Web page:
The film deals with the subject of homoeroticism in English-speaking cinema. It is an essay on how non-traditional sexual relationships were shown on the screen, from Edison’s silent film to such famous films as Philadelphia and Basic Instinct.
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There are many films on the history of cinema. But there are those that explore a particular milestone, the work of a particular person, or deal with a particular theme. Epstein and Friedman’s film, on the subject of homoeroticism in the cinematography of English-speaking countries. It’s really quite an interesting essay on how non-traditional sexual relationships were shown on screen, from Edison’s silent film to such hits as “Philadelphia” and “Basic Instinct.”
One of the co-directors was Rob Epstein, who has talked about homosexuality many times in his documentaries, whether it was the Oscar-winning “The Times of Harvey Milk” or “Pargraph 175” about gays during the Third Reich.
What’s interesting about the film is that in addition to simply slicing footage from films, it interviews the authors (directors, screenwriters, actors, producers) of films that have had a homoerotic theme, including Tom Hanks and Susan Sarandon.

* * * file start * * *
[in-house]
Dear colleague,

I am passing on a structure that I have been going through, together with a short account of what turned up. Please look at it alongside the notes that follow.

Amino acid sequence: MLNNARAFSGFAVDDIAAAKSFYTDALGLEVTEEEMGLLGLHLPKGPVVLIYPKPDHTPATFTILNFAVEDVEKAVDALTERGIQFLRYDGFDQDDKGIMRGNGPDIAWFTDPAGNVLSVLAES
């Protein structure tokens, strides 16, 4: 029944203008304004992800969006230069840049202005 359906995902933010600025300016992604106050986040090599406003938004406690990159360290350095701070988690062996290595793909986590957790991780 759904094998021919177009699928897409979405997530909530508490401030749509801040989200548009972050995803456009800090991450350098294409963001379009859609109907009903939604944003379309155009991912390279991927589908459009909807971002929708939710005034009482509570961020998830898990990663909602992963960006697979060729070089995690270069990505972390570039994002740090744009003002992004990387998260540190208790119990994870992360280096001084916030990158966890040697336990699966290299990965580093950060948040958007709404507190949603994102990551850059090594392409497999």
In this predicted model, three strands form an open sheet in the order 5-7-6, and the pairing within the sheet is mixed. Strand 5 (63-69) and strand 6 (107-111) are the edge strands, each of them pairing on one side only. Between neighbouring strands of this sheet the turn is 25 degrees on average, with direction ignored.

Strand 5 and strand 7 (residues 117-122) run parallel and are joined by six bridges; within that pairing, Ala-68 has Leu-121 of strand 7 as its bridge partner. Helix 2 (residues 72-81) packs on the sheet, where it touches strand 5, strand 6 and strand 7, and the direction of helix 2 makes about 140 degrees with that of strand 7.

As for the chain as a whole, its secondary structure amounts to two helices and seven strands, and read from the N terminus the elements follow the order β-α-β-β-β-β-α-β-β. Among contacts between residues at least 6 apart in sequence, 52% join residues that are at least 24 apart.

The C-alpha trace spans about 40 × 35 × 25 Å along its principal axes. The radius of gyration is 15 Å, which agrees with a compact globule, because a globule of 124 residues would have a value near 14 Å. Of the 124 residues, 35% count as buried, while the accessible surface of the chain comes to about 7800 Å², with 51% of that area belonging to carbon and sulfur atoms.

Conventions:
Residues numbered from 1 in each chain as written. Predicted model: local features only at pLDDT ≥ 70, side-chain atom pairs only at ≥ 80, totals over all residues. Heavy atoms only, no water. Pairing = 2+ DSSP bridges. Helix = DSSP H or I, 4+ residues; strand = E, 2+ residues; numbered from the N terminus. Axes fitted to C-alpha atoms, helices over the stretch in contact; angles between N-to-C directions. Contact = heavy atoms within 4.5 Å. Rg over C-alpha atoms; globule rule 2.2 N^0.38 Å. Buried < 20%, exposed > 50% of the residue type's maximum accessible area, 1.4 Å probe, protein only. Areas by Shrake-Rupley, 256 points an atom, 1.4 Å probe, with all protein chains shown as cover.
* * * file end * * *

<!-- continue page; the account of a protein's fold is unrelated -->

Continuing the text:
I might add that while Hitchcock’s The Rope had me guessing about the hidden homosexual innuendo, Rebecca, Ben-Hur and The Maltese Falcon had me not thinking about it, but it turned out to be there.
The only thing is that the film contains a lot of spoilers, so if you are not familiar with many of the classics of American cinema, you may inadvertently stumble upon the plot developments of the films you are reviewing.
Codec: HEVC / H.265 (63.0 Mb/s)
Resolution: Native 4K (2160p)
HDR: Dolby Vision, HDR10
Original aspect ratio: 1.85:1
English: DTS-HD Master Audio 2.0 (48kHz, 16-bit)
English: Dolby Digital 2.0
English, English SDH.